I noticed my tank's pH is either 7.6 or off the chart when I was doing weekly tests. At first I wanted to ignore it since I figured Luigi and Snowy would adjust but it's been about a month and Luigi still has clumpy fins and Snowy has kinked rays. So I added IAL to see if that helps.
Now that the leaf is in there, I'm wondering is the tannins will throw off my Ammonia, NitrITE, and NitrATE tests? My tank has been cycled since August according to my test results, but I don't know if the tint that is caused by tannins will mess up the color codes. Does anyone else test tannin tinted water with the API liquid tests? It's only the first day so I can take them out if it can screw with my cycle or liquid test results.
This is my first time using IAL so I don't know if I'm doing it wrong. I assumed 1/4 of a large leaf would be good to float in 5 gallons.
IAL does help with the toxicity of ammonia, nitrite and nitrate believe it or not. But it won't throw off your readings.
IAL will help lower your ph, but honestly unless you are breeding there is really no need to lower it. The fish will adjust to the ph and do fine. Maybe the clampy one has something else going on or is not adjusted yet - did you acclimate well, say, over 24 hours if there was a huge difference in the ph of the two waters (when you brought him home, vs your tap water)
Kinked rays, I have heard, can be from harder water, not necessarily high ph, but generally the two go hand in hand. (high ph is due to high mineral content, which is what is described as hard water) But it's purely aesthetic and doesn't hurt the fish.
I guess I should have given a bit more background when I set up my question. I was trying to get to the point quickly. ^_^;
I doubt it's an acclimation issue at this point. Both of my fish are from pet stores so I will never know there real ages, but I've had Luigi for 2 years and Snowy for 1 year. I noticed the fin issues back when I moved from my Grandma's house to my apartment back in January and figured they would adjust. When they really became sluggish out of nowhere and my books wheren't give me any answers I joined this forum and learned that Bettas need heaters because they are tropical fish (when I re-read one of my books I notice this fact in tiny footnote type *facepalm*). I still have no idea how they survived 1 week in 68 degree water. So, I tossed in a 7.5watt heater to keep their 1 gallon tanks warm.
They were active but still had clumpy and kinked fins. So I upgraded their tanks from 1 gallon filtered and heated tanks to 5 gallon filter, heated, and cycled tanks and still noticed the clumpy fins and kinked rays I noticed in the 1 gallon. At first I thought it was acclimation or stress from the tank size and filter strength upgrade, but now they have been in their "new" homes for 2 months and still had the fin problems. Therefore, as a 3rd attempt to make their fins unclump and straighten, I figured I would toss in some IAL leaves and see what happens.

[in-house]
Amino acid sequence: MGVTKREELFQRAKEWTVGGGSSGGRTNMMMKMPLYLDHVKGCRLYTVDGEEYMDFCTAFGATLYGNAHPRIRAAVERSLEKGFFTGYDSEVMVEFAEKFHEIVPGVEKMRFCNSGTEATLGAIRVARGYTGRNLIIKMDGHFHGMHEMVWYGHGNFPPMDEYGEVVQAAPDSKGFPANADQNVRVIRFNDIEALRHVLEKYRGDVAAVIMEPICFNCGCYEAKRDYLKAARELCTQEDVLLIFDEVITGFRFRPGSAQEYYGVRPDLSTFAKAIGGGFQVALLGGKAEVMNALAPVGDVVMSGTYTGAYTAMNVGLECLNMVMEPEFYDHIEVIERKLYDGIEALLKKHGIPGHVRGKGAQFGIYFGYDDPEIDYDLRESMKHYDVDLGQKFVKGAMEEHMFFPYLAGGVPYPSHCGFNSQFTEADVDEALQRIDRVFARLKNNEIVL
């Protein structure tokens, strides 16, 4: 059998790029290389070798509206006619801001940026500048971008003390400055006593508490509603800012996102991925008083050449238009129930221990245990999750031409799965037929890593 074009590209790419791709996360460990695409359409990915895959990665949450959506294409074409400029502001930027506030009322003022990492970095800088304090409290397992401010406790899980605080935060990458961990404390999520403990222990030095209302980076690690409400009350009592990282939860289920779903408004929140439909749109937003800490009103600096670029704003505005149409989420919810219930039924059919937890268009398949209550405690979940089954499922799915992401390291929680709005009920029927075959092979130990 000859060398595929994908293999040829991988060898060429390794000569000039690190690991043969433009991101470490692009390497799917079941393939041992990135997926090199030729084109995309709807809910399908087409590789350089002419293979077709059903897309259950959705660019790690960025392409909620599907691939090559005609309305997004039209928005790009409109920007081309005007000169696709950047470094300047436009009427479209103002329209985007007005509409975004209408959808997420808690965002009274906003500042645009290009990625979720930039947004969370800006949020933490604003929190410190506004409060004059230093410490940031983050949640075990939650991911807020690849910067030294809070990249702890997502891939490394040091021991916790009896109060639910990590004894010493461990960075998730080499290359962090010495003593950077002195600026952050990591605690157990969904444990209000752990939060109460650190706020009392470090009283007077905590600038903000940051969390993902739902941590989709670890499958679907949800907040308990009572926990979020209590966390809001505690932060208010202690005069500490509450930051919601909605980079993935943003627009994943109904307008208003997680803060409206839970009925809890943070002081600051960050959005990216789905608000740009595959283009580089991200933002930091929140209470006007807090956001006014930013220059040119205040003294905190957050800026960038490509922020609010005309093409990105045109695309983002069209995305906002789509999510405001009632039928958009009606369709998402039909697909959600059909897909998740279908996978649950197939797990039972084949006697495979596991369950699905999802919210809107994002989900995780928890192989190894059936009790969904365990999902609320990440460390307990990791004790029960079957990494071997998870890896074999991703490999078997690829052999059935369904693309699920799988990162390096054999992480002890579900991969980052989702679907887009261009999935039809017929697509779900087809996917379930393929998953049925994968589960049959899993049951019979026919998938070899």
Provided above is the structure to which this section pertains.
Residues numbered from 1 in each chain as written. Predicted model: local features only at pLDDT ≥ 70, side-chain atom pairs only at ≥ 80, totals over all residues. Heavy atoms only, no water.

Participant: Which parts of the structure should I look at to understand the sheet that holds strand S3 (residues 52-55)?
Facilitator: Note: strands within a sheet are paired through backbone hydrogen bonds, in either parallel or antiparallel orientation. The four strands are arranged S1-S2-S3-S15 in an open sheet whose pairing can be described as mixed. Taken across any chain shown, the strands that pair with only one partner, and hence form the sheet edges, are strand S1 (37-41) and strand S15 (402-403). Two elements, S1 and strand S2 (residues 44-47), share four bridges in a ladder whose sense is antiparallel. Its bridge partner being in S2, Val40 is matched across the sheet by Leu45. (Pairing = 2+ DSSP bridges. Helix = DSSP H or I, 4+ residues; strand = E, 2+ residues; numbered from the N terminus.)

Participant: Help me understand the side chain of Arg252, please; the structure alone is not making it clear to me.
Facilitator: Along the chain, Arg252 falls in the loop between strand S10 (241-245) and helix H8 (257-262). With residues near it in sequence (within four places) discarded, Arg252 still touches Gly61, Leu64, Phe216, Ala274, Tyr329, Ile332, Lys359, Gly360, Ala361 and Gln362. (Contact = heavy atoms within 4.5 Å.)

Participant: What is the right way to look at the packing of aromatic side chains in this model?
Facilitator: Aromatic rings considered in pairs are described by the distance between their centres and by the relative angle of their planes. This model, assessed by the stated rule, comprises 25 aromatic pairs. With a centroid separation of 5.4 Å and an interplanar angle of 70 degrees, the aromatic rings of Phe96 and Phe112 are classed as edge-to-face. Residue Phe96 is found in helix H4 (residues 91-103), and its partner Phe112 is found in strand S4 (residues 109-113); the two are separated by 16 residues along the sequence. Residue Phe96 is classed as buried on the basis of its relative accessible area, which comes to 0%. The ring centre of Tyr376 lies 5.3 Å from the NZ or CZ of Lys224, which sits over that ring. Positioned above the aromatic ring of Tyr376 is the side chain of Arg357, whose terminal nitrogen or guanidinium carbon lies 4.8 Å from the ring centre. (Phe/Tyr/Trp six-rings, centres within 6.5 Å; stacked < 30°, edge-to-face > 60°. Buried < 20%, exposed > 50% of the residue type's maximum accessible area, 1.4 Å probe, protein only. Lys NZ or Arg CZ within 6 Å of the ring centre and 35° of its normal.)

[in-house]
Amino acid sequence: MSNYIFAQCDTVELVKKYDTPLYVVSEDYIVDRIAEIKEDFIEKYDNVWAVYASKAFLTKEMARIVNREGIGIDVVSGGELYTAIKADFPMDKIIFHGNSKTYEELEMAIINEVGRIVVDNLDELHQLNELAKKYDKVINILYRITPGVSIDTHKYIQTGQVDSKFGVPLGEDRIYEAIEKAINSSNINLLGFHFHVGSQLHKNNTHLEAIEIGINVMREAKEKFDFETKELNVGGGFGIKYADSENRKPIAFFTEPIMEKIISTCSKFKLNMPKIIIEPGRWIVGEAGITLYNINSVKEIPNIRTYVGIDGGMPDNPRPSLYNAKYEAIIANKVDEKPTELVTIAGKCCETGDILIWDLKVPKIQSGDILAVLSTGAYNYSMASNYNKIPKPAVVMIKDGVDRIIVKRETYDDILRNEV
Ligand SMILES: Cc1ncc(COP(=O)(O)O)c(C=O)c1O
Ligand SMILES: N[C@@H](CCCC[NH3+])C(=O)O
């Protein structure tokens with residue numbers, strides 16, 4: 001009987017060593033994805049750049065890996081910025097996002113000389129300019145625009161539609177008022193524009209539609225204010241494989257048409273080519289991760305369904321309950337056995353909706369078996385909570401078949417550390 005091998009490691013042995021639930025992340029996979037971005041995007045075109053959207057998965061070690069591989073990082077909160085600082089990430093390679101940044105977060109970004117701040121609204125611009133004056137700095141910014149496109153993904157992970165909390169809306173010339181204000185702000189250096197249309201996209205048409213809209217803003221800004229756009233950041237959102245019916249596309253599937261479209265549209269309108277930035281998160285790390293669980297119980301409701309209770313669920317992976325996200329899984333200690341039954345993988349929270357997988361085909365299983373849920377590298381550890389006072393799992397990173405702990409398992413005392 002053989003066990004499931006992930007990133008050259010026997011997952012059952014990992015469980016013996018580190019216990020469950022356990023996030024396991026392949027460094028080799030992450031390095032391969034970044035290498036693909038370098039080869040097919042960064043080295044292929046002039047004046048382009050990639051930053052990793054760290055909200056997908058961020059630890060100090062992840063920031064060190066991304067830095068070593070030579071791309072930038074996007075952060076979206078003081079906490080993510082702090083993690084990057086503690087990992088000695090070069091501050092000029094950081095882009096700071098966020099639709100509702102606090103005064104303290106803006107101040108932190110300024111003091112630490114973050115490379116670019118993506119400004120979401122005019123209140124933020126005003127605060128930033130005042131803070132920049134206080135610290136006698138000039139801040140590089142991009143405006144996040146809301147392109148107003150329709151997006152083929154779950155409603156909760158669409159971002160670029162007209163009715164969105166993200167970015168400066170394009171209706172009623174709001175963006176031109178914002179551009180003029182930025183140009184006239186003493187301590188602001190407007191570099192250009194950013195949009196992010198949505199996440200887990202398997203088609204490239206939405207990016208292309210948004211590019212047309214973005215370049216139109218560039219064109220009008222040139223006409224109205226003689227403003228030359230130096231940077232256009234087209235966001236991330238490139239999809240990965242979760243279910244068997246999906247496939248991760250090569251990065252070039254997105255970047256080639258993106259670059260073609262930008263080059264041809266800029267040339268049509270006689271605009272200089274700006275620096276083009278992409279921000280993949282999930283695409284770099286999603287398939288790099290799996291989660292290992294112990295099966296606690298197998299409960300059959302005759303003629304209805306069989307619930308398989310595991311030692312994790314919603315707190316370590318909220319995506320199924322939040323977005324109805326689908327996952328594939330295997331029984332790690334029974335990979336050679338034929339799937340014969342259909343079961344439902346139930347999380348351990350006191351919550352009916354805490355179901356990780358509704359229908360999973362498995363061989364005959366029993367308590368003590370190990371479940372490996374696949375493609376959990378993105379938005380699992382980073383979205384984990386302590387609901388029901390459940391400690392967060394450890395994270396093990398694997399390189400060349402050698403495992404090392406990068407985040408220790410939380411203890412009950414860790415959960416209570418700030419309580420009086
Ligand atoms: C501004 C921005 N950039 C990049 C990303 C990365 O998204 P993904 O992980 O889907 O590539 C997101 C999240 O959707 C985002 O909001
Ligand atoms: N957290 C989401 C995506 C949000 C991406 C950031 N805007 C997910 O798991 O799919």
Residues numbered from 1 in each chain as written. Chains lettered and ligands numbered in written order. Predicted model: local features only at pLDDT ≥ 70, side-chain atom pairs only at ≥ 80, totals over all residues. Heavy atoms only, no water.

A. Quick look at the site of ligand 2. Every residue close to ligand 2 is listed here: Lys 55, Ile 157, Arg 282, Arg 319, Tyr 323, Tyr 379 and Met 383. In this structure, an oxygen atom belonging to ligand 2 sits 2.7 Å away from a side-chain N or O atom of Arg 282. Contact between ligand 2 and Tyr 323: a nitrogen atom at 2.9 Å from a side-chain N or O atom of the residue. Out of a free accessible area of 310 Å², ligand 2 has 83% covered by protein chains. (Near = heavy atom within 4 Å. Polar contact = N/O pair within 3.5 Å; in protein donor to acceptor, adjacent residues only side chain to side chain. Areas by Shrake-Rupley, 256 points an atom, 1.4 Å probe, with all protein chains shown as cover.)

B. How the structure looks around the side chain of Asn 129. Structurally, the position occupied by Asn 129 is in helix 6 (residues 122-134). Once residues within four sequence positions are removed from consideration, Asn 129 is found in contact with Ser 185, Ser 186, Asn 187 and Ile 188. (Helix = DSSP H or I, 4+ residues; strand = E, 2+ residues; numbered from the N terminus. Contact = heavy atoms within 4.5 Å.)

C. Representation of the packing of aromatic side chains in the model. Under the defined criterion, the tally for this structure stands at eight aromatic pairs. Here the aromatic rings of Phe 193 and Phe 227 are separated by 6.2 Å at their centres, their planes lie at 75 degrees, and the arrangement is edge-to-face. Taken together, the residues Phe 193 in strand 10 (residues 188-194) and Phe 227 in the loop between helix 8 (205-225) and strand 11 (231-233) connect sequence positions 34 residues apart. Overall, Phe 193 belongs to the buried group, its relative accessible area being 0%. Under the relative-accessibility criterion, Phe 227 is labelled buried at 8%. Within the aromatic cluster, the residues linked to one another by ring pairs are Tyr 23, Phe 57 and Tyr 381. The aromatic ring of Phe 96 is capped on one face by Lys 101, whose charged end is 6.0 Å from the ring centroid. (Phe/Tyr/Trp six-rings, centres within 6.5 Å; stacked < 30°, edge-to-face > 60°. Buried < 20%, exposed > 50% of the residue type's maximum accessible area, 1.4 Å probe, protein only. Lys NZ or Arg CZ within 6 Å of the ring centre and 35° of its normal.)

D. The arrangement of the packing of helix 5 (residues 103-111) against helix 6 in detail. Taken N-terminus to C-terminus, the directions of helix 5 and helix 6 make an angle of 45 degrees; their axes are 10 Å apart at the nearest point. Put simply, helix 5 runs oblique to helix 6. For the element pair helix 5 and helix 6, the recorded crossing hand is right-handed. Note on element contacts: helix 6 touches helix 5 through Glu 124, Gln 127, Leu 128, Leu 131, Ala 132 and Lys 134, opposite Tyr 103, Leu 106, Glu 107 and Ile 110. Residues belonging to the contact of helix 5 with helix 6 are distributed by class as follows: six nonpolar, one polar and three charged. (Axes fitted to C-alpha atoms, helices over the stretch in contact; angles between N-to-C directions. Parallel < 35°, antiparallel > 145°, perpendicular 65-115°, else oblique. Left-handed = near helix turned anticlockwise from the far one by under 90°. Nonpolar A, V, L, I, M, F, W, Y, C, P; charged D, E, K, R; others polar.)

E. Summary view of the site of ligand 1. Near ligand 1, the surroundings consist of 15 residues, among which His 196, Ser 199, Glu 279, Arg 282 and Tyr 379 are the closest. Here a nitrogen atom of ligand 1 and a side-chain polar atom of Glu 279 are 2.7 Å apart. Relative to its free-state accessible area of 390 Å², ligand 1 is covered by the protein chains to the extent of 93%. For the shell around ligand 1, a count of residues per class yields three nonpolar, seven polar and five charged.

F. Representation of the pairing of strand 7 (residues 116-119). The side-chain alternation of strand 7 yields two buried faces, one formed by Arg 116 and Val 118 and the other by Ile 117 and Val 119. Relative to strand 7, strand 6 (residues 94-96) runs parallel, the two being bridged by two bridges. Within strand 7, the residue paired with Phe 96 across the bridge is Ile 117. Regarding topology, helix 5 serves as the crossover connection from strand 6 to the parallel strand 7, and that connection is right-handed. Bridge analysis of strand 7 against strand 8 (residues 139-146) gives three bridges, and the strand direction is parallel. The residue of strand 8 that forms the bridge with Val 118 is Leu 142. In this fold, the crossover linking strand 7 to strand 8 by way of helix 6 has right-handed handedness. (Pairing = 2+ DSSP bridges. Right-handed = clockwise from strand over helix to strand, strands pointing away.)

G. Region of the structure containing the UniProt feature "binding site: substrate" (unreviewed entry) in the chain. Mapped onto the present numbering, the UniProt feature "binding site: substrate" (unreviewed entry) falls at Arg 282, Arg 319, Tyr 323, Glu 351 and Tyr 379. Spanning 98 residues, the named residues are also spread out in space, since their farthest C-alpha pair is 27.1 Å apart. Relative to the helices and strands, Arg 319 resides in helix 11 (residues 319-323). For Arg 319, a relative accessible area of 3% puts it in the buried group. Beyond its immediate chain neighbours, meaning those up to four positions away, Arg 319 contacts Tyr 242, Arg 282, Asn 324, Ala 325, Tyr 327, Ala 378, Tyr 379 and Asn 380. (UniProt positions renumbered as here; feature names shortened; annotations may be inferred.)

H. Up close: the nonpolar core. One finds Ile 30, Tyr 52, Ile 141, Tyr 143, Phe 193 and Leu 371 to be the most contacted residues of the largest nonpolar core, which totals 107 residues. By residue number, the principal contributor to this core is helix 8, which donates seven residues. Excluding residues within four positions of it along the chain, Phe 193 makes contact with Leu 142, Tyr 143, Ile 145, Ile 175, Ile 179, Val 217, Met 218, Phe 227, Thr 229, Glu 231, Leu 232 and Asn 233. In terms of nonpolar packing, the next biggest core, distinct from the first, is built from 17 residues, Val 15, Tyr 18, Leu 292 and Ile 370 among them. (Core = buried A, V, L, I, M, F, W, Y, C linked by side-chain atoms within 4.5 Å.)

I already knew the kinked rays on Snowy are aesthetic, so I'm more worried about the clumpy fins on Luigi. I was worried about it being illness too, but I put my question in this section because I can't think of a single illness that wouldn't have killed a 2 + year old fish after 10 months of symptoms. I haven't ready anything about clumpy fins being an aesthetic problem so that's why I'm trying the leaves. Since it won't affect my test results, I'll leave the leaf in there for now unless it starts to bug them or something.
Can water be hard enough to poison fish? I don't mind Snowy being less than perfect, but I don't know if Luigi's fins are an aesthetic problem or genetics. After this I'm going to honestly give up unless a member has heard of "Chronically Clumped Fin Disease" or something. XD
Two of mine have curled/clumpy dorsal fins- had them since I got them. They have been in the ideal water conditions and they have never straightened out. And they have not suffered due to it. Unsure if it is from hard water or not. I got them from a LFS that has a breeder somewhere nearby. Unsure the type of water the breeder kept them in. Those are the only two I've seen with clumpy/curled fins from there.
GH or general hardness, is the amount of metal ion concentration in your water. Ideally, you would like to keep this under 140ppm, which is the high-end for soft water. Hard water makes it more difficult for males to build bubblenests, because the bubbles pop in hard water, and you may find mineral deposits in tanks and containers. High GH has also been liked to the all too familiar ray curling in Crowntails, although it is not the only factor involved with curling rays.
IAL tannins is great for them, even if it doesn't "fix" the hardness, so your money wasn't wasted. I would say not to try to mess with the chemistry if possible, as even if you had a water softener, you would still have to add in some trace elements that would be lost in the softening process.
I don't want to use any chemicals. I figured the IAL could be a good natural "suppliment" for lack of a better word. I'm not going to use any chemicals that could hurt my fish or the bacteria in my filter. I don't see any deposits like I did in the 1 gallon set up, so I doubt the hardness is as high as 140ppm. I'm going to let the leaf float and then leave well enough alone.
But at least I'm not the only one who has a healthy fish with curly fins. :)